This 8th instalment is one of the series’ best—and different too—with director Kenji Misumi fashioning a slower-paced tale about Zatoichi’s longing for fatherhood.
Dir. Kenji Misumi
1964 | Japan | Action/Adventure/Drama | 87 mins | 2.35:1 | Japanese
Not rated (likely to be PG13)
Cast: Shintaro Katsu, Saburo Date, Koji Fujiyama
Plot: When Zatoichi witnesses the murder of a young mother, he promises to deliver the baby to the father. Along the way, he gains the help of a reluctant criminal.
Subject Matter: Moderate
Narrative Style: Straightforward
Audience Type: Slightly Mainstream
Viewed: Criterion Blu-ray
Kenji Misumi, who directed the first movie in the series, The Tale of Zatoichi (1962), returns for his second outing in Fight, Zatoichi, Fight, which is already the eighth instalment.
He does something different here in what I feel is the first in the series to offer a narrative that is foregrounded in drama than in the plotting for action.
It will also be remembered fondly for Shintaro Katsu’s acting range; he draws both laughs, and perhaps more surprisingly, emotions, as he plays the titular character who becomes saddled with a child in his arms after the child’s mother, is accidentally killed by bandits who wanted to assassinate Zatoichi instead.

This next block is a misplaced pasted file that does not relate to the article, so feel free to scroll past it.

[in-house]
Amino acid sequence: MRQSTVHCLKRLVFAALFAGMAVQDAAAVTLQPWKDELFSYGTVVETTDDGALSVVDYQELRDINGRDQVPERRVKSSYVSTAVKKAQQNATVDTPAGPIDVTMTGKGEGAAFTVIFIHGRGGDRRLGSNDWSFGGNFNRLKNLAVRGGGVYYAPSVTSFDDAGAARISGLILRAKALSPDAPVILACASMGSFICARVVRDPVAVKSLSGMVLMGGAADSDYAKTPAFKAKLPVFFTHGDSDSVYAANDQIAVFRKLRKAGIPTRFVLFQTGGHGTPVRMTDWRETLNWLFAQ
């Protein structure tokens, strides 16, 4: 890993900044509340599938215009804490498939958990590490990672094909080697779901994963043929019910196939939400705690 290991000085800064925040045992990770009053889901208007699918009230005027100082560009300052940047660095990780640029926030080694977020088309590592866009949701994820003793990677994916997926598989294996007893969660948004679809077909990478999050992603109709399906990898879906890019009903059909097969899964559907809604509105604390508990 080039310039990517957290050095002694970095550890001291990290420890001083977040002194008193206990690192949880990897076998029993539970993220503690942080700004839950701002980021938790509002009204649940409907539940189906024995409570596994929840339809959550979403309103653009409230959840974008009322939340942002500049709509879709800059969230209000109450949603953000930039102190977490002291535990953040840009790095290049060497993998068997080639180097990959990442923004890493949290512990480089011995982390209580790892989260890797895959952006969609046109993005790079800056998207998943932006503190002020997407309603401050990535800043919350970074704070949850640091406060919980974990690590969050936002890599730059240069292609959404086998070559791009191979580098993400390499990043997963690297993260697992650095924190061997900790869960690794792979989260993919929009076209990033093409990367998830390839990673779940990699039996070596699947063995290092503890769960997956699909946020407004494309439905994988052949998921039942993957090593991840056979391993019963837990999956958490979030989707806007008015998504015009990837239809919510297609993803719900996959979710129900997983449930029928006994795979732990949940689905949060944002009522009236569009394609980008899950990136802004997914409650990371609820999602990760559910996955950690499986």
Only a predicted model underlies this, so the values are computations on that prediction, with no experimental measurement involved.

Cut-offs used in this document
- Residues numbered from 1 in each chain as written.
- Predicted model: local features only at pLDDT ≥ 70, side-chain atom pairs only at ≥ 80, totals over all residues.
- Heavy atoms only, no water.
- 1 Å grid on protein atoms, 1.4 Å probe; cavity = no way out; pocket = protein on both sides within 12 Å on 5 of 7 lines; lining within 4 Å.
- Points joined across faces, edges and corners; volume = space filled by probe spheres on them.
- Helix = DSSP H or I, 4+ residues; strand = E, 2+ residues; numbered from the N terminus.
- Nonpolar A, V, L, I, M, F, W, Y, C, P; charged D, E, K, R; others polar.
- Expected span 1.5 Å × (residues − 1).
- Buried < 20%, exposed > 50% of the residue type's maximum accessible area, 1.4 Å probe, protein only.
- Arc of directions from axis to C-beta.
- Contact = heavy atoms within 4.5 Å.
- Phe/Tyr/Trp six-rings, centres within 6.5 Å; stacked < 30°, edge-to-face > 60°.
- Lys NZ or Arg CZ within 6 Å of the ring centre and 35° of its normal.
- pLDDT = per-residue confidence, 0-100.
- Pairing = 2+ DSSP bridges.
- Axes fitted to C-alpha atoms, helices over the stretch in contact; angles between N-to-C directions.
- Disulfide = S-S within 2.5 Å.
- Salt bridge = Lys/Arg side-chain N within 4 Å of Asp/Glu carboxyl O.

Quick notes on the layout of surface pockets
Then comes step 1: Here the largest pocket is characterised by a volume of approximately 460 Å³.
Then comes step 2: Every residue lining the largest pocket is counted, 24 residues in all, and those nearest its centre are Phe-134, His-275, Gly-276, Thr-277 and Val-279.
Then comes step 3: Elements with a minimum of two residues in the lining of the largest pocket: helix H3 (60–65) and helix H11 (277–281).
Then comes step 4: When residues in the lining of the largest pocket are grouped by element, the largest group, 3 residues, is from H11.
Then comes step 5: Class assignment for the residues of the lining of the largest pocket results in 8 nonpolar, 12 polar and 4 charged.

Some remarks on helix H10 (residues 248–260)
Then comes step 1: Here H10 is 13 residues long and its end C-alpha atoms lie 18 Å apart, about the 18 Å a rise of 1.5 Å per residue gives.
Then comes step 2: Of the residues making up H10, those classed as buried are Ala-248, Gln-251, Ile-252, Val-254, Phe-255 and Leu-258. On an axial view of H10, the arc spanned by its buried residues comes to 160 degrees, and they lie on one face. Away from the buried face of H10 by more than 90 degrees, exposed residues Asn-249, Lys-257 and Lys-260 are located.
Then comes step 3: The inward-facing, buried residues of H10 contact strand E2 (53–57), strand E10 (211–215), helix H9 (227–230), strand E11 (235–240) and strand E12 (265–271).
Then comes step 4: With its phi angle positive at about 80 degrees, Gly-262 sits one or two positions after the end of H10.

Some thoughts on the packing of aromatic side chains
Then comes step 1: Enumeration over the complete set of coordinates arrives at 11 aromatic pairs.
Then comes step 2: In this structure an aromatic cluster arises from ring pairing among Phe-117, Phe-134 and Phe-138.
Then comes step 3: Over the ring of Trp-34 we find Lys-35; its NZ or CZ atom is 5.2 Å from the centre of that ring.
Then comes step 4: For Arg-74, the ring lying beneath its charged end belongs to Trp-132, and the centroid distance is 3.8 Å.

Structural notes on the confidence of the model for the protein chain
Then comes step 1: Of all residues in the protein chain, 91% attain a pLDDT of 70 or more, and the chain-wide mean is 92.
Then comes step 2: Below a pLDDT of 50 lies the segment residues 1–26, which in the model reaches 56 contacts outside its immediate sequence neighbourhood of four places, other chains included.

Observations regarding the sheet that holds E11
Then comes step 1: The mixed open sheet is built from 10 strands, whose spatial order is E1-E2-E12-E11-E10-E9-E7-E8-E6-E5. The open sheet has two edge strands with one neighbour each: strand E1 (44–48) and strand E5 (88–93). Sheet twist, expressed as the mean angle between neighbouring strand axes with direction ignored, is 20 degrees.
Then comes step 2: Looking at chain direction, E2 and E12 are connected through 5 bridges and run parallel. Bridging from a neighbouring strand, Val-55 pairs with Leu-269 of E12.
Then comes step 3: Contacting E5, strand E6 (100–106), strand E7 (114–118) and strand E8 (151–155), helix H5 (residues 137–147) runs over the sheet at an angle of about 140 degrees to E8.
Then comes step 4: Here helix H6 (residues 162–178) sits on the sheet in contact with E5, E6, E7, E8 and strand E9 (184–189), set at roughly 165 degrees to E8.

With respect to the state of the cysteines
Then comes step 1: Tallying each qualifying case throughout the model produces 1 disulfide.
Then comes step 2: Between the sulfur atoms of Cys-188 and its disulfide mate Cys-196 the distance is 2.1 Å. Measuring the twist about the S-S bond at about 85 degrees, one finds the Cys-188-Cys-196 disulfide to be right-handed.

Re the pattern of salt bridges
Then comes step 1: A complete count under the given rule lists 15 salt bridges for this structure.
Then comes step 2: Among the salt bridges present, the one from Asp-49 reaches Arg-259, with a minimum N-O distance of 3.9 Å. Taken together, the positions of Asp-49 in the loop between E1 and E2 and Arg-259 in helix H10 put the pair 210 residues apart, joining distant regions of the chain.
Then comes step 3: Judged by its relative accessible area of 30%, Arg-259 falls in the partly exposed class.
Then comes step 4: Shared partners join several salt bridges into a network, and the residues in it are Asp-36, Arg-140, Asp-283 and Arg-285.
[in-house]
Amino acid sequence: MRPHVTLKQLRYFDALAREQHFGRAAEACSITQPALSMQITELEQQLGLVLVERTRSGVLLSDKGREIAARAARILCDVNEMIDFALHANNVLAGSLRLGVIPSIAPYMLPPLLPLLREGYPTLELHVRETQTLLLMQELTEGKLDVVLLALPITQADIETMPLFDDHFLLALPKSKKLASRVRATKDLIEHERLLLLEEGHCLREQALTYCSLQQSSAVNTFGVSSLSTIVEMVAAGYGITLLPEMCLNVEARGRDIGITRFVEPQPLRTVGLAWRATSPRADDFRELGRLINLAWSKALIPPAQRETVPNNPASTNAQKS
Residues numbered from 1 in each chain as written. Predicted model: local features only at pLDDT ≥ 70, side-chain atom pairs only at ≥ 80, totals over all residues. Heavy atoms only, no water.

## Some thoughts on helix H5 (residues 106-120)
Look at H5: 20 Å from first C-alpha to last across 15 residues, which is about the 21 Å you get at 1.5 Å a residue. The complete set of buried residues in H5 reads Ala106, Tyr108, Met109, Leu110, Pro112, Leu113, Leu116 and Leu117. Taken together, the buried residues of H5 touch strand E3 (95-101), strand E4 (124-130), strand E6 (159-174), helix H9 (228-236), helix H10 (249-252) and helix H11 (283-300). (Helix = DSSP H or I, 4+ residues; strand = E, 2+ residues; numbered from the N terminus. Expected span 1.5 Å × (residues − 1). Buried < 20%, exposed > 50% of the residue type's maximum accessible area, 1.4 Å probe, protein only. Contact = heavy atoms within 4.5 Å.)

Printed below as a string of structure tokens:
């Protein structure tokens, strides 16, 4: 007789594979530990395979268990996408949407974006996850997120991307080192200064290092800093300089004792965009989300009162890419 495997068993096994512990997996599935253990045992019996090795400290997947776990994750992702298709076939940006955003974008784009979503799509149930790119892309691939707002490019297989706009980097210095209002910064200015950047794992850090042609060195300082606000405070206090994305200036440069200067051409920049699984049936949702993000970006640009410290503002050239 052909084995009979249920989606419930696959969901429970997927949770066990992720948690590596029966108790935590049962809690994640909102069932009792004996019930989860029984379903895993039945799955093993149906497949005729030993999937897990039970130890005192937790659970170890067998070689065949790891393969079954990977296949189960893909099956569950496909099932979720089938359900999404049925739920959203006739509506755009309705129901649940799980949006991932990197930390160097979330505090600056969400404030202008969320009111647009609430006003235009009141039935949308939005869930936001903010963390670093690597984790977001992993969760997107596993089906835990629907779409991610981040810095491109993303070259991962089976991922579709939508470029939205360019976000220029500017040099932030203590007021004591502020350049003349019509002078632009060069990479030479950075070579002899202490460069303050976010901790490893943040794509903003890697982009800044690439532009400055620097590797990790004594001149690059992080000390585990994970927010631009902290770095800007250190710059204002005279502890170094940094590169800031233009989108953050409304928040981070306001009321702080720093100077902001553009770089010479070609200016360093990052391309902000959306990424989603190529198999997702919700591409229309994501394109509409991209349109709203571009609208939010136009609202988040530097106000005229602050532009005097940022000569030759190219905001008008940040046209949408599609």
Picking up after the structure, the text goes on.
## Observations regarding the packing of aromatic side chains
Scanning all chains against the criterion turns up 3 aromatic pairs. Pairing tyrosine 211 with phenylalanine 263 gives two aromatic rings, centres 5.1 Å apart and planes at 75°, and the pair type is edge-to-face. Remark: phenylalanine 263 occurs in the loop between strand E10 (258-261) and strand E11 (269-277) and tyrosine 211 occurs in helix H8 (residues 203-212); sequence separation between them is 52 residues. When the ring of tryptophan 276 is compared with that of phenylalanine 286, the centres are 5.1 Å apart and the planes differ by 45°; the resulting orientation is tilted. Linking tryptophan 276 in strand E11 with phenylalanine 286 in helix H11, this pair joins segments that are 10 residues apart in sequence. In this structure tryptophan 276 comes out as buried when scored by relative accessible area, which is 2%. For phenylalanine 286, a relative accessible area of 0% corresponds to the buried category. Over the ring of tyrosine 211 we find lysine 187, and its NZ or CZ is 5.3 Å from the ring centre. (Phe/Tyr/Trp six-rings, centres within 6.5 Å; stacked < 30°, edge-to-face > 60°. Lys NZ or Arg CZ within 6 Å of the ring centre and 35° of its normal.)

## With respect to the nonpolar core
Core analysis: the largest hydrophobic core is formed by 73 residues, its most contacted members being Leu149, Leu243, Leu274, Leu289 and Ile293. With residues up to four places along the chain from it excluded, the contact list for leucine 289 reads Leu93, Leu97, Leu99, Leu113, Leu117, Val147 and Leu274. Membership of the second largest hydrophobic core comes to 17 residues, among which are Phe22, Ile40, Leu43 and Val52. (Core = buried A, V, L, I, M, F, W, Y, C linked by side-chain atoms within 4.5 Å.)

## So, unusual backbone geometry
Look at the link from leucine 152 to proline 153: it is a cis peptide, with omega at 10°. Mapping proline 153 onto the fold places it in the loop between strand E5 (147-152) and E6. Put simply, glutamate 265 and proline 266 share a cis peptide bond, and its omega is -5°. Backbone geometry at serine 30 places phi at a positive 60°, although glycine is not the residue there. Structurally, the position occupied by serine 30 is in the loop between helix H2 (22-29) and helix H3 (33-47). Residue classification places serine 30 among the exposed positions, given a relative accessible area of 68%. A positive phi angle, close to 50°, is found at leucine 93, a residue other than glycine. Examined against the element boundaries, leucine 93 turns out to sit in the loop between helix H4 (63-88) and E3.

Promising to return the child to his father in another town, Zatoichi tends to the baby along the perilous journey and realises most acutely his longing to be a father.
“Leave the child here with me.”
He also becomes a ‘mother’, in an amusing ‘breastfeeding’ scene where he tries to offer his nipple to the hungry child. Along the way, Zatoichi becomes acquainted with a female pickpocket who becomes his temporary ‘wife’.
You might think all these are mere pretensions, that is, the characters’ attempt to identify with somebody that they are not, but under Misumi’s careful direction, the film achieves a level of soberness rarely accorded to the franchise.
While the action may be sporadic, and the pace of the film slower than usual (many shots of Zatoichi and baby linger on, emphasising his emotional connection as a surrogate father), Fight, Zatoichi, Fight is ultimately rewarding to viewers who are more invested in Zatoichi as a compassionate human being, rather than as a violent swordsman.